Australia’s custody market is still dominated by NAB Asset Servicing as the largest holder of investor assets, however new research has found other companies are slowly catching up.
A recent review of Australia’s custodial and administration sector by the Australian Custodial Services Association (ACSA) has found NAB Asset Servicing has remained the “largest overall player” in the custody market.
ACSA reported NAB Asset Servicing, as of 31 December 2014, currently holds a total of $692 billion, up 2.8 per cent since June.
JP Morgan came in second to NAB, holding a total of $478.58 billion and also growing 3.2 per cent over the same period.
BNP Paribas ($325.92), Citigroup ($270.98) and State Street ($211.71) also came in the top five custody holders respectively. All experienced a growth in their assets under custody, excluding State Street which dropped half a per cent.
“The top five custodians manage 77 per cent of assets under custody, with the remaining share of assets under custody held by Northern Trust, HSBC Bank, Bond Street, RBC Investor Services, BNY Mellon and Netwealth,” a statement from ACSA said.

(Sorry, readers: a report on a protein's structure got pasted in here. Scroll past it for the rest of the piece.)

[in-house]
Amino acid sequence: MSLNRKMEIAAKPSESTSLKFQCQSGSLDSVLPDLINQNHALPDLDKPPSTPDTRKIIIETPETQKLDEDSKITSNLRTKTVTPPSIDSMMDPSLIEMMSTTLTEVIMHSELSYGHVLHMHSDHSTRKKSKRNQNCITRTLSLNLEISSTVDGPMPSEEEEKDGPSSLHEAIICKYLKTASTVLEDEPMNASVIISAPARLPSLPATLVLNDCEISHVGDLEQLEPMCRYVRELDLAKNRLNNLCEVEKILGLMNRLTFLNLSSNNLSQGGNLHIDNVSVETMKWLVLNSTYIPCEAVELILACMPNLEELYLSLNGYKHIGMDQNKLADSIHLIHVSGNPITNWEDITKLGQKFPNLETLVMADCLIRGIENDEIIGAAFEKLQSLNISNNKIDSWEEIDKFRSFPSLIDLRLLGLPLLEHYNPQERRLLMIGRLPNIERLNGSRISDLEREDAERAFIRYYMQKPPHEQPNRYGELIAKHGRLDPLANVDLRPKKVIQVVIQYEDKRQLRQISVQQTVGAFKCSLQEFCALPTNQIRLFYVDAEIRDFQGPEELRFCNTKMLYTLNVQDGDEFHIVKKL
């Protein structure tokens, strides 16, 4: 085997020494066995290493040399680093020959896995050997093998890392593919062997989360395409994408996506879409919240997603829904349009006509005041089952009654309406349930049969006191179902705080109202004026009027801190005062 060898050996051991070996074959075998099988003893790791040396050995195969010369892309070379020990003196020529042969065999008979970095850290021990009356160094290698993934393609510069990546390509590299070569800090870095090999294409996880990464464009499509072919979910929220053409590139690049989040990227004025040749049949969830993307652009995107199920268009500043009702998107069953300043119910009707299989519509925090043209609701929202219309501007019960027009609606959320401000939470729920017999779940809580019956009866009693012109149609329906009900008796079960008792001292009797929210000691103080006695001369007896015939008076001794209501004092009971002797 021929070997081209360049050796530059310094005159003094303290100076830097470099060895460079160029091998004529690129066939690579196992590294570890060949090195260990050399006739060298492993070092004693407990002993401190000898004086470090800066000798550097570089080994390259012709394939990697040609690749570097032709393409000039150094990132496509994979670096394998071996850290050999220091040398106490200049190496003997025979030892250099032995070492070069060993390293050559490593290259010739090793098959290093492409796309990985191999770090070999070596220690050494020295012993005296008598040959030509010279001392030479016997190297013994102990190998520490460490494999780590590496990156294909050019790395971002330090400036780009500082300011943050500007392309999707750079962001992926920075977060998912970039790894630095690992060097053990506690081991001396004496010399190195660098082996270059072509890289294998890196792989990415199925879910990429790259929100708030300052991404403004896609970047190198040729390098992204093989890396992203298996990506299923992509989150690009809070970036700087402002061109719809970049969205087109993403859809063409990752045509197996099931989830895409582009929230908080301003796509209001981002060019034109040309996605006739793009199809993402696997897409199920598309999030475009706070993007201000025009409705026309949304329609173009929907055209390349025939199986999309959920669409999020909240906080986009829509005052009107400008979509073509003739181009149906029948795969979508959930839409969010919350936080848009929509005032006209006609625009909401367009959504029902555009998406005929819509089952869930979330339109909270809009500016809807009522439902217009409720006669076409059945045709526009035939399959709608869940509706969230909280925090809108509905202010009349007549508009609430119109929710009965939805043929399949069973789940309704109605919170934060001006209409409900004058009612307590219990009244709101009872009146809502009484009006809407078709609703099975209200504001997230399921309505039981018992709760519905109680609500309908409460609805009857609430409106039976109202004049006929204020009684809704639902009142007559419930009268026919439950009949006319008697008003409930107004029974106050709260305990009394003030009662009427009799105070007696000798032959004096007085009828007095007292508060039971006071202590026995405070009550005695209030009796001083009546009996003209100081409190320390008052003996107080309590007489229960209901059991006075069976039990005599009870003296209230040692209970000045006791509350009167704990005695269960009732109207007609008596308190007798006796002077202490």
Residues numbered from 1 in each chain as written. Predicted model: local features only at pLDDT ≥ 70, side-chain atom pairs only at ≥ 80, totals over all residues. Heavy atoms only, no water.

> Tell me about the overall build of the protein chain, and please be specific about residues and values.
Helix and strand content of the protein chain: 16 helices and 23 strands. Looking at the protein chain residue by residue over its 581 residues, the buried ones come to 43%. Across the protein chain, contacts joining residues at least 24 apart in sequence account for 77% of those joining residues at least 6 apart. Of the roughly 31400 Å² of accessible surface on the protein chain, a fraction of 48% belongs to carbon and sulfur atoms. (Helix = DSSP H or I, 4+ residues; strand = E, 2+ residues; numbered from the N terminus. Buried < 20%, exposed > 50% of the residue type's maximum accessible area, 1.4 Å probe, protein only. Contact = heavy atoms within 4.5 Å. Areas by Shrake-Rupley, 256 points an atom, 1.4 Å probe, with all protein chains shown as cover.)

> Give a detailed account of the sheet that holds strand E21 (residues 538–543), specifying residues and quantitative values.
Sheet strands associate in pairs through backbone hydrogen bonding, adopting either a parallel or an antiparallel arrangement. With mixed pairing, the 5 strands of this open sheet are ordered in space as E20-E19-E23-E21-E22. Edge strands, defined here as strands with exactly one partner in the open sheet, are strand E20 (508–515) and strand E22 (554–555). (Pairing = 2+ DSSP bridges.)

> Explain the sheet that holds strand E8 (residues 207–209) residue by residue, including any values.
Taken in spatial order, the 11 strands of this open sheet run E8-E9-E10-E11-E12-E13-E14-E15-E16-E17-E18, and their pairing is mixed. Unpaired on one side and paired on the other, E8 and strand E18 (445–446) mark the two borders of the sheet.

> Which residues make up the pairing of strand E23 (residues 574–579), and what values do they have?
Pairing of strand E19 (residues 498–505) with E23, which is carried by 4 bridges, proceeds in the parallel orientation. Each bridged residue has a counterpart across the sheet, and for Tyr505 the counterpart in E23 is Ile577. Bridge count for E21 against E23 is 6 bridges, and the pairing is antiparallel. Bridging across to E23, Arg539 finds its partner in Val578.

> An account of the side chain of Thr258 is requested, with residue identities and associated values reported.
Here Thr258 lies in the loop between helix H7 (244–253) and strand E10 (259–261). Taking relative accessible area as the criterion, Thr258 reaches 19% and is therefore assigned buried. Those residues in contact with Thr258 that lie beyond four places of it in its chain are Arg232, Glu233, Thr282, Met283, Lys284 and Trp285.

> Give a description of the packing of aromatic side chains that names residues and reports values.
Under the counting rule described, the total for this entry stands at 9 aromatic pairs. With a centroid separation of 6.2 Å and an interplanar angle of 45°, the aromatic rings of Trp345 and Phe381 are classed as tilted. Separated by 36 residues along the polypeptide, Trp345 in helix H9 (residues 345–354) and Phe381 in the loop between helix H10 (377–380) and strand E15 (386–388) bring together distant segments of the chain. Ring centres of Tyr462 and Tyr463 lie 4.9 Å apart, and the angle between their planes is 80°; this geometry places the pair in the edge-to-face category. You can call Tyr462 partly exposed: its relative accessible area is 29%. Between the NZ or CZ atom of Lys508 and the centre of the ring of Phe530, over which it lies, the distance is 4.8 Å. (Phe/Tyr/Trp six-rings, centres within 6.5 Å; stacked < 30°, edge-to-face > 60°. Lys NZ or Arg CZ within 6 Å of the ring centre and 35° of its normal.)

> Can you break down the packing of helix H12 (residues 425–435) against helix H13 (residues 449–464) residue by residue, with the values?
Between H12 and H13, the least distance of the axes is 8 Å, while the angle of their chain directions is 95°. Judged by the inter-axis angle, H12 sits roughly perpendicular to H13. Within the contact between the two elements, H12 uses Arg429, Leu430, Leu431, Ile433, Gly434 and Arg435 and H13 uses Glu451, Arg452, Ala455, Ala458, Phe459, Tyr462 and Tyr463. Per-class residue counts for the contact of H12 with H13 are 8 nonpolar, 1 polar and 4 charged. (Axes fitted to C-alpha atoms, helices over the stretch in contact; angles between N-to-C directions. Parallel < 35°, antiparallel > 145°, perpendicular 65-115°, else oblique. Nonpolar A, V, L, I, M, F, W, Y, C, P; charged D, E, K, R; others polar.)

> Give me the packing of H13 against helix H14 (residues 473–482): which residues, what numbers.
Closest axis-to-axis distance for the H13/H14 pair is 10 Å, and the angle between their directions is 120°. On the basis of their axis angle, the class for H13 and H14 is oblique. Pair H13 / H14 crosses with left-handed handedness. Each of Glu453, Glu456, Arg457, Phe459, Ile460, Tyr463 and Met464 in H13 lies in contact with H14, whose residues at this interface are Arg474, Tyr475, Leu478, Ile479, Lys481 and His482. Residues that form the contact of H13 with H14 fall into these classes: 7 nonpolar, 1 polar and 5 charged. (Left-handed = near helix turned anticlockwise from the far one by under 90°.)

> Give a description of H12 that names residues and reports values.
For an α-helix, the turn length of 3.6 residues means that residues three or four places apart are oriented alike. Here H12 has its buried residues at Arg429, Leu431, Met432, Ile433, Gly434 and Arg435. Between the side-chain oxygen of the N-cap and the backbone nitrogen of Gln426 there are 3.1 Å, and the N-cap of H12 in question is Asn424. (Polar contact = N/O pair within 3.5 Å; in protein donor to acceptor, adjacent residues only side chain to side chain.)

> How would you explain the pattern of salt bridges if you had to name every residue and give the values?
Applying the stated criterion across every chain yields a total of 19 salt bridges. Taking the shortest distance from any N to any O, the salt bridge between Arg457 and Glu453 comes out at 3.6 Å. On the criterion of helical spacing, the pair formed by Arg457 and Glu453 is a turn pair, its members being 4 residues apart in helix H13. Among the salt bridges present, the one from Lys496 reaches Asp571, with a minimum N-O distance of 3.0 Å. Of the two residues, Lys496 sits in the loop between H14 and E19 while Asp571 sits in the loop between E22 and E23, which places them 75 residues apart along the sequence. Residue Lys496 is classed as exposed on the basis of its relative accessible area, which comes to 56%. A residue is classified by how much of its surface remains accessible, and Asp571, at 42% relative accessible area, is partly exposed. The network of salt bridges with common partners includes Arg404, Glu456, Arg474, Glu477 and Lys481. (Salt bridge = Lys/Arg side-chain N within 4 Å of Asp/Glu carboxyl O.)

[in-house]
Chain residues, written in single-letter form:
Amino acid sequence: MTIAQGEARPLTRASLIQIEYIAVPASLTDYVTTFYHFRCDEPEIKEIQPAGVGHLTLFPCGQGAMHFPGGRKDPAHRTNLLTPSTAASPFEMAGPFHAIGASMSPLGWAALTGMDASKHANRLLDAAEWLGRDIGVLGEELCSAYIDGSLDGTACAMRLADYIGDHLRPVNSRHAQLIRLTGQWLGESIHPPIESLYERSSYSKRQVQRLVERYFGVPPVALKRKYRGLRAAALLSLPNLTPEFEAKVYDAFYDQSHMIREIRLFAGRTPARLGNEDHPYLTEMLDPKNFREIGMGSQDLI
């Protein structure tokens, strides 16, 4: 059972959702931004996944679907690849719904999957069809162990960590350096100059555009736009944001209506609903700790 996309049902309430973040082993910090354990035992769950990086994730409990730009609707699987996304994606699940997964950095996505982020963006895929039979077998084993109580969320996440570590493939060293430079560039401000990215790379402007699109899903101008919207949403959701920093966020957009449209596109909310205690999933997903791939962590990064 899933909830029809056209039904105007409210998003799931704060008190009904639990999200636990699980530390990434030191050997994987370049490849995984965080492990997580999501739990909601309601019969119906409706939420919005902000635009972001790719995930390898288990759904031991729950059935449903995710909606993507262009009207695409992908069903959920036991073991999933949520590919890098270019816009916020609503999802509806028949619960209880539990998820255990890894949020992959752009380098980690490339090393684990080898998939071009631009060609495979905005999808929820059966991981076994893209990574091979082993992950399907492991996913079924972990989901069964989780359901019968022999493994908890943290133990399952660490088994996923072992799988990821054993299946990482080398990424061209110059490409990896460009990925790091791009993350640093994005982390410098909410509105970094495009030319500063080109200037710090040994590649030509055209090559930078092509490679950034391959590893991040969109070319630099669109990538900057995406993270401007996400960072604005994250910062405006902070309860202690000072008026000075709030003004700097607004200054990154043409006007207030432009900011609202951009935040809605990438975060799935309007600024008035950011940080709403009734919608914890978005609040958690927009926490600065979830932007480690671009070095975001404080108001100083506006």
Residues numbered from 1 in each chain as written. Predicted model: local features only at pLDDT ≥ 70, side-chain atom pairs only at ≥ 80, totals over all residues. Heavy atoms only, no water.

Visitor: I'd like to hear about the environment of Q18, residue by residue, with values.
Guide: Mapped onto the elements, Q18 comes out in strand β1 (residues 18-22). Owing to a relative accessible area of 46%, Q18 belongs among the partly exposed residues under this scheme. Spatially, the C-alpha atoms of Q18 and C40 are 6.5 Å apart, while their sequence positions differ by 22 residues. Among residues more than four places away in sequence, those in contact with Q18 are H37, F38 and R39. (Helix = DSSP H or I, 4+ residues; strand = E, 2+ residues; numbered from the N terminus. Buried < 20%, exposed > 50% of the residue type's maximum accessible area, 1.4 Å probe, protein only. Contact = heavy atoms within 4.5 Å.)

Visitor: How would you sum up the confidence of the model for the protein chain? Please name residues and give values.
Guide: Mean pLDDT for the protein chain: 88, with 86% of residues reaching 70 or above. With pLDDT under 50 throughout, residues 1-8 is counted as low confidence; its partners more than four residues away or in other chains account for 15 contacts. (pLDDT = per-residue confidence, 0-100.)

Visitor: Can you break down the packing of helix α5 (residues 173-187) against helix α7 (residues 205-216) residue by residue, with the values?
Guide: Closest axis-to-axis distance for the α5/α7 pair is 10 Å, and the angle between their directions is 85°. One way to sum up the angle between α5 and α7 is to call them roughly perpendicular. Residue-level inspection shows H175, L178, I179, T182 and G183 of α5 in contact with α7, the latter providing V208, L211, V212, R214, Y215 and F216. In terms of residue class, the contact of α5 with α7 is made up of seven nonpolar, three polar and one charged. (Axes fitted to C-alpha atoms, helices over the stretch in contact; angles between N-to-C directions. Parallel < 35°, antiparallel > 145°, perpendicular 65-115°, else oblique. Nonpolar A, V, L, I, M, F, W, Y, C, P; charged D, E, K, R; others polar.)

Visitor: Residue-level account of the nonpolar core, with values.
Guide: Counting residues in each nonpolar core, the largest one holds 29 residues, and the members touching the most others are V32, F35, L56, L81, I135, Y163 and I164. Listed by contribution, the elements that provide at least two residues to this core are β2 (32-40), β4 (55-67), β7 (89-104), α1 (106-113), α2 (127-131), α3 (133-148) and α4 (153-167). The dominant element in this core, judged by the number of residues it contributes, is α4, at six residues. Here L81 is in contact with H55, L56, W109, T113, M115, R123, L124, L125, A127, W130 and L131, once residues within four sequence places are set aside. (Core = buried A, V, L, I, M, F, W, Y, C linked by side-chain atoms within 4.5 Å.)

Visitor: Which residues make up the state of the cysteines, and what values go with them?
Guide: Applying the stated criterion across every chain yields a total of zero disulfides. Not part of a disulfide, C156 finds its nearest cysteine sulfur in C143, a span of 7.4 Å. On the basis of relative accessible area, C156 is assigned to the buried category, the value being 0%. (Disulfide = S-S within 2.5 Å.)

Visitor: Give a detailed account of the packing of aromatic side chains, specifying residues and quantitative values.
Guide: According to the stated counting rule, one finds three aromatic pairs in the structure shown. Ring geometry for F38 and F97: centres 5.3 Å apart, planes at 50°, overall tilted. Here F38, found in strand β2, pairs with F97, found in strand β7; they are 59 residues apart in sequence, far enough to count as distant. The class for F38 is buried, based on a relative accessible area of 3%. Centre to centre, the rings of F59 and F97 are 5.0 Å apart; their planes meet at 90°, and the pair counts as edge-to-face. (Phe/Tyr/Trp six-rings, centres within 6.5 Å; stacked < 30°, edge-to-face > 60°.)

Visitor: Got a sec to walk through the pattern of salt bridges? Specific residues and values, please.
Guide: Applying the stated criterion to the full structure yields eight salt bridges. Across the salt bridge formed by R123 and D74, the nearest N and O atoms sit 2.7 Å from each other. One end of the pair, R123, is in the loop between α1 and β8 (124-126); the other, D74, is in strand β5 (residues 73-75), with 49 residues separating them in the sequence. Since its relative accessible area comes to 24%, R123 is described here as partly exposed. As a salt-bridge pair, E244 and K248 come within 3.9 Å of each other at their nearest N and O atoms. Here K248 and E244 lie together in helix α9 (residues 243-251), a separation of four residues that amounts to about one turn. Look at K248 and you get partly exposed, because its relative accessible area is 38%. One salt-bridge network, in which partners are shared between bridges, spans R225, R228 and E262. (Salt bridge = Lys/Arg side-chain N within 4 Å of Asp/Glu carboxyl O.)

ACSA also reported that in the six months to 31 December 2014, the total assets under custody for Australian investors grew five per cent to $2.58 trillion.
Of that amount ACSA found $1.79 trillion was in Australian assets while the remaining $791 billion was in foreign assets.
“JP Morgan remains the largest custodian of non-Australian assets for Australian investors ($243.26 billion, up 4.7 per cent),” the statement said.
“[This is] followed by Citigroup ($107.58 billion, up 1.4 per cent), State Street ($105.09 billion, down 1.4 per cent) and NAB Asset Servicing ($105 billion, up 19.3 per cent).”
An Australian investment manager has tipped that as pandemic volatility is expected to force a 30 per cent reduction in dividends, active ma...
Morningstar analysts have forecast a “troubling” outlook for the banks ahead, expecting the rise of unemployment and business closures w...
One of the world’s largest investment banks has warned that emerging market economies have the most to lose in the outbreak. ...